Here's what seems to be happening: In each of the mirror panes, there is a different 'version' of the white customer - a black man (on the left), a Latino man (in the center) and an asian - evidently Filipino - man (on the right). Each of the reflections match up with the customer, except the last, who is inexplicably holding a bag of Skittles. This prompts a query from the customer and a shout (in Thai) from the tailor, provoking a bizarre exchange with the Tagalog-speaking reflection. Eventually the Filipino version of the customer kicks the mirror, shattering himself, and the tailor finds this funny.
So far as I can tell, that is what happens. But what on earth is going on? What is the ad's metaphysical conceit? Is the mirror a gateway to a series of alternate universes, each featuring a racial counterpart to the reflected subject? Why is the tailor's race consistent in each universe? (And why is he Thai?) Or is this is a weird sci-fi thing; are the reflections employees of the tailor, mimicking the customer before closed circuit cameras projecting to a series of screens? Does that explain why the tailor appears to be berating the Skittles-eater?
I doubt there is any correct answer to those questions, and I suspect this is part of the ad's strategy. The commercial is so strange that many viewers will attempt to puzzle out what they have just seen - to engage in interpretation - and will probably seize upon the plot-turning Skittles bag. (Notice that the only line of English dialogue explicitly references the product.) Which makes for a very natural question: what does Skittles have to do with what is going on here? The answer - a conceptual connection between the multiracial theme and Skittles' "Taste the Rainbow" tag line - isn't particularly satisfying (it certainly doesn't explain anything about the plot). But it does require the viewer to think about Skittles.
the absurd and the advert
Dave Munger at Cognitive Daily recently discussed a study regarding the relation between humor and memorability in advertisement. Viewers often remember funny ads, but do they remember the products advertised? The study's upshot seems to be that humorous commercials do work best when the product is directly relevant to the joke, but only if the brand is not previously associated with levity, and only if the audience is not high in "need for humor". Munger poses an interesting challenge:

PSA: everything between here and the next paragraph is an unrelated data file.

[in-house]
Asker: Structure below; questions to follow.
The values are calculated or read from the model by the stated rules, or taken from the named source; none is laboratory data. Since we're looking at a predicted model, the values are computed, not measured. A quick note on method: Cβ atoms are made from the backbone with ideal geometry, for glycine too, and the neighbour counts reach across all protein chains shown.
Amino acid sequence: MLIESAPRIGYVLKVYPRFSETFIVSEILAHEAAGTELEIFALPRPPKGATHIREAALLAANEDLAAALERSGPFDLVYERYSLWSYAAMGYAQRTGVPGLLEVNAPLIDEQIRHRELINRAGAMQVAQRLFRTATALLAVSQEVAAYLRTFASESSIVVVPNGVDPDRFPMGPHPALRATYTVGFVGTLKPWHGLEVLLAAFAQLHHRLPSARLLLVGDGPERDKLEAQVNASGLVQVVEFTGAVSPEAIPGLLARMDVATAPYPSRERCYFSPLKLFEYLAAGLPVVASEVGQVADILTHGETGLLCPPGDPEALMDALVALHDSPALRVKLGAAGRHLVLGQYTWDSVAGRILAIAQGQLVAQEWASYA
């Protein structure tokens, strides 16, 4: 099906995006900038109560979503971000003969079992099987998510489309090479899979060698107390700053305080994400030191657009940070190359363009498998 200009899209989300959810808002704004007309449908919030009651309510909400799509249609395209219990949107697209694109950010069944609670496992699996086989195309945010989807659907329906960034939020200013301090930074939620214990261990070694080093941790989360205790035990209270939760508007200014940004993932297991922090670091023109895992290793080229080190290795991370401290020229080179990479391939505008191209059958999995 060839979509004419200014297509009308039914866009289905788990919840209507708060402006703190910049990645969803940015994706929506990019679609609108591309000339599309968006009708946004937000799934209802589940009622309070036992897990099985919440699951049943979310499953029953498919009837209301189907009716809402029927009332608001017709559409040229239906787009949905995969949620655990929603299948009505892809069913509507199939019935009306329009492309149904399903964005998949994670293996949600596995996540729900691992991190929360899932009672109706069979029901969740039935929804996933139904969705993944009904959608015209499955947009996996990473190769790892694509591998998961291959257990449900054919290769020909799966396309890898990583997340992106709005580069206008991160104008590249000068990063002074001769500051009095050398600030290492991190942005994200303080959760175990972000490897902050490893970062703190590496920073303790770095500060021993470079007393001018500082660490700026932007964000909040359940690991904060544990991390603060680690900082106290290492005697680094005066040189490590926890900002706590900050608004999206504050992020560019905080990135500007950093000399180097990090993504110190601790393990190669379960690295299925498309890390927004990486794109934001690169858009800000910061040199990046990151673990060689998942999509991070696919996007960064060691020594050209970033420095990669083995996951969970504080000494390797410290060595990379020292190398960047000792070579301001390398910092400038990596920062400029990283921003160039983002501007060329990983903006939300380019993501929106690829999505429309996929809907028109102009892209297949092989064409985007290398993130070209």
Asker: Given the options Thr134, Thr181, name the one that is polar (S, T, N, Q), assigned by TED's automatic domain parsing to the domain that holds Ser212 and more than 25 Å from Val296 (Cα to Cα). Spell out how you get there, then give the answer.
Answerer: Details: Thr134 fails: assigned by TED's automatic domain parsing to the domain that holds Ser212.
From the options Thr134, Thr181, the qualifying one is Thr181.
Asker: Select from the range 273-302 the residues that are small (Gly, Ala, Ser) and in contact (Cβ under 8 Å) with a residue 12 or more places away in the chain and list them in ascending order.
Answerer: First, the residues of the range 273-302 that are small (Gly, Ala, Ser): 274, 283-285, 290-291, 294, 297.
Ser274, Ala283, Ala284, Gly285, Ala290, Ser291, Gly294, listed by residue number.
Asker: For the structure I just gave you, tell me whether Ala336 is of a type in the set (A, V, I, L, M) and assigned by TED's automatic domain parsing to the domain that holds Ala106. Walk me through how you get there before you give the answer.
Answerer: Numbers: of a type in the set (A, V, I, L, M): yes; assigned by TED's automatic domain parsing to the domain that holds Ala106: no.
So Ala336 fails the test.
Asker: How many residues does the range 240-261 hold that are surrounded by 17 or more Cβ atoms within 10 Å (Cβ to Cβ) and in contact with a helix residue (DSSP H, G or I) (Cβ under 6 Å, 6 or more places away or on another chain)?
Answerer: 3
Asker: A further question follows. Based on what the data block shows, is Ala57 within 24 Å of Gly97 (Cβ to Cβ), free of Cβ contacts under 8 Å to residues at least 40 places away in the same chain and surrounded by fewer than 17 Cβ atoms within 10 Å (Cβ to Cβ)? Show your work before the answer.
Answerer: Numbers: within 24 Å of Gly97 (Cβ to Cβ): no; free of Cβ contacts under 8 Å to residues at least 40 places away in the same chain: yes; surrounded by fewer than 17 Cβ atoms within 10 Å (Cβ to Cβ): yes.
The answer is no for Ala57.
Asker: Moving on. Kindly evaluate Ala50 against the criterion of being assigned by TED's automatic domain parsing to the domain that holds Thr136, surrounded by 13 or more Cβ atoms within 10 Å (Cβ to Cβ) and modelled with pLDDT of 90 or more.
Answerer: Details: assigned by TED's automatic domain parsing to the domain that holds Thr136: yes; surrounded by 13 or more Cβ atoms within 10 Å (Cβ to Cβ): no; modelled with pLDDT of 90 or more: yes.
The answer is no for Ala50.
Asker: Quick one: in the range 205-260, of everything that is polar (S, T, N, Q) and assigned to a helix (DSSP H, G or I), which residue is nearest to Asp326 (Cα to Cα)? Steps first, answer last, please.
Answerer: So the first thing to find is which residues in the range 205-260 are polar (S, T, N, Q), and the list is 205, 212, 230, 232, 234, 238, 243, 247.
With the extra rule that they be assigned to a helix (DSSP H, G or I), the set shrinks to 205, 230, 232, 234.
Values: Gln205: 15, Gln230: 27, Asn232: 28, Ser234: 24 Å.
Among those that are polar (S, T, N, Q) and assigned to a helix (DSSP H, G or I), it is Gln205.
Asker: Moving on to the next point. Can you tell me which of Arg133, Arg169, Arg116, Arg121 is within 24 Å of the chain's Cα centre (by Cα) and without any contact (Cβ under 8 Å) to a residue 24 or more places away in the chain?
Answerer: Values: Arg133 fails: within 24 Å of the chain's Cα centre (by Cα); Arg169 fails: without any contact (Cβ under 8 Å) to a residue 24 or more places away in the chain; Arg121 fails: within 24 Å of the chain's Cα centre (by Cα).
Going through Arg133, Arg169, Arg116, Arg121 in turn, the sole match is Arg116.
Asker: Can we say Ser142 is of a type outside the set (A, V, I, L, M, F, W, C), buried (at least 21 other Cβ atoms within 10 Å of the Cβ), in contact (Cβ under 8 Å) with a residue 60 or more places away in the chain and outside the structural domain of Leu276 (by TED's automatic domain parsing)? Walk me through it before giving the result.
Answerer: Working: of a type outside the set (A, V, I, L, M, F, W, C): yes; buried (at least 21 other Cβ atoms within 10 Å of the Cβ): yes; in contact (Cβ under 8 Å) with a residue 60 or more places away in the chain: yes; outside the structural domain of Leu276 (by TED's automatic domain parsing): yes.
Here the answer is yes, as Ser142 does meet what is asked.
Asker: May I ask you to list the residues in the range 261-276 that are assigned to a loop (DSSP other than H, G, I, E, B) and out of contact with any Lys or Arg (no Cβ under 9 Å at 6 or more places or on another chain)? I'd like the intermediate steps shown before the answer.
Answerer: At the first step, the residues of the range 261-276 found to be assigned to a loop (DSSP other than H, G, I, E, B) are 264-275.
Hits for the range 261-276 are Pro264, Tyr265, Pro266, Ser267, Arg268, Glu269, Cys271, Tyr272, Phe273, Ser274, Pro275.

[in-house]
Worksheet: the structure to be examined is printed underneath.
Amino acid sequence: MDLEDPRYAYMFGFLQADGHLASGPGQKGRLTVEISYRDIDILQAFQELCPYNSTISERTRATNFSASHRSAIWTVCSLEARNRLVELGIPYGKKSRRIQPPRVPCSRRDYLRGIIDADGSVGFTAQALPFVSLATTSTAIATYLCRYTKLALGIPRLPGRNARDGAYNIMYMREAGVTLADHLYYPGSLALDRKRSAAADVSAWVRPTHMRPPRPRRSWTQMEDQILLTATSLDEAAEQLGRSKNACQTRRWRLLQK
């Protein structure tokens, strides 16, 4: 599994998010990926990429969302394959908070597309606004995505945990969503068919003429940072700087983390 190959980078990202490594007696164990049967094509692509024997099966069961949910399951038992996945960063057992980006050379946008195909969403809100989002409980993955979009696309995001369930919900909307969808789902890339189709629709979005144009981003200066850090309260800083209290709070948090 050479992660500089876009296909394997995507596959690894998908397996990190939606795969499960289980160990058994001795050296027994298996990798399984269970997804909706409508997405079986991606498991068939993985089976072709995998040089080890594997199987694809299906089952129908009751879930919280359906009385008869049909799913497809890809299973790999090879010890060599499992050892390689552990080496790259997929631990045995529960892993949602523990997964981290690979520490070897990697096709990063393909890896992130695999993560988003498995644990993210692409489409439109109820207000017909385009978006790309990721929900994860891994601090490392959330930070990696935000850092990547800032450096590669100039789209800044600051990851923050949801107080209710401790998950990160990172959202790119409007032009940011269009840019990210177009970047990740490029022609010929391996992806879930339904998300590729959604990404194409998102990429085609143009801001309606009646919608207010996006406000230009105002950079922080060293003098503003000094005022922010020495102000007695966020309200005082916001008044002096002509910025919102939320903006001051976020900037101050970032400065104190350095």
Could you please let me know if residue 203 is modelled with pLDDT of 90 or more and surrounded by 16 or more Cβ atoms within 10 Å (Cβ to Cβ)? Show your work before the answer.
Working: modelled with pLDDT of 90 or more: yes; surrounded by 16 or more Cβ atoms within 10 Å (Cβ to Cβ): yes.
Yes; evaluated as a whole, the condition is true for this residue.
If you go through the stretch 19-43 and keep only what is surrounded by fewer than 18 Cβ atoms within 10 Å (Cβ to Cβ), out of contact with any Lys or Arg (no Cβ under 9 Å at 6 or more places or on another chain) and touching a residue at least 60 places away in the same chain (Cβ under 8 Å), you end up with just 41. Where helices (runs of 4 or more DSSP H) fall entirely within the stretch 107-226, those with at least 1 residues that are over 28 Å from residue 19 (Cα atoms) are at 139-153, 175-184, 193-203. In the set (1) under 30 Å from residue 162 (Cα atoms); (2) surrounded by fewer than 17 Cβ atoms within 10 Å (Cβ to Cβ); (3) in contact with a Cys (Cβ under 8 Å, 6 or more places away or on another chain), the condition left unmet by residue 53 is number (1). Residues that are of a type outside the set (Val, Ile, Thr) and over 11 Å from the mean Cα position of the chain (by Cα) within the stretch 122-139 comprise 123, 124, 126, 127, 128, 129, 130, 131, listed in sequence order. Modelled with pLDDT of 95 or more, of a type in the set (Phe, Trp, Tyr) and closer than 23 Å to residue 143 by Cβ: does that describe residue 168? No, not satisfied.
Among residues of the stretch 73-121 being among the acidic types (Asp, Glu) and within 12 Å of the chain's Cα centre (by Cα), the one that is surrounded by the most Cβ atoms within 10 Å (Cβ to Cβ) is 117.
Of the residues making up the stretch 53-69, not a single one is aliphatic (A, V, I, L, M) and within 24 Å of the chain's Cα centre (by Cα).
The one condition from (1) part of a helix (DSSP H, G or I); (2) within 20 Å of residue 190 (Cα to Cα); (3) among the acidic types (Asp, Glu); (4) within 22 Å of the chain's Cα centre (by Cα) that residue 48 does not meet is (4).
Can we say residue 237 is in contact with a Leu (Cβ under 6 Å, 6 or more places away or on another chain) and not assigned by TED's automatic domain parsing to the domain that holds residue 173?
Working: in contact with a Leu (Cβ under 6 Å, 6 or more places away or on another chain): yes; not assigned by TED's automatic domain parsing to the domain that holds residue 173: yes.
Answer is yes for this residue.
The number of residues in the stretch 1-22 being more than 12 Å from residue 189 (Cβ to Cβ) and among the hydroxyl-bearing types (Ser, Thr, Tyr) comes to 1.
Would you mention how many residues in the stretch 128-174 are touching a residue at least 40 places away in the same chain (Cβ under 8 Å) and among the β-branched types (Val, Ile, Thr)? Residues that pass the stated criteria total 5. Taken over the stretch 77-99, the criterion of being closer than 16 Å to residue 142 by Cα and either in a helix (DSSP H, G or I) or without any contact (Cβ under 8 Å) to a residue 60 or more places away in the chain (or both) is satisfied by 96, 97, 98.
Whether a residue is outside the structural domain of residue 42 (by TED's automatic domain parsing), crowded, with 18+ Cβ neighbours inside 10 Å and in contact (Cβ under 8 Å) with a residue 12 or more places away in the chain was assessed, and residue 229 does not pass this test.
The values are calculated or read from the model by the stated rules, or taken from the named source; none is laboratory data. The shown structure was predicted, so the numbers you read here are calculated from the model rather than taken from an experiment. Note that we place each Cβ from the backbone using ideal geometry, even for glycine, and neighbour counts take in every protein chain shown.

Of course, this opens a paradox for advertisers. Clearly humor works best when it's unexpected and related to the product. But if an brand develops a reputation for producing humorous ads, whether it's Bud Light or Mutual of Omaha, won't viewers eventually begin to expect humor regardless of how serious the company's line of business?
Does the Skittles ad avoid such pitfalls? The commercial is not merely funny; it is bizarre. In order to (probably unsuccessfully) attempt comprehension of the message, a viewer must actively engage with the product. Presumably that hikes memorability, and it might also counteract any prior expectations of humor associated with the brand. Nowadays, it's hard to know what to expect from a Skittles commercial.
The Skittles ads come from TBWA/Chiat/Day, an agency known for its offbeat work (including the famous 1984 Apple ad and the contemporary and increasingly irritating 'Get a Mac' campaign). Seth Stevenson at Slate's Ad Report Card doesn't think highly of the Skittles ads (part of a sometimes creepy series), on the grounds that these days, "freaky-ass ads are a dime a dozen". But maybe that's because this thing works - people remember ads that just don't make sense, and they remember trying to figure out what the product has to do with the insanity.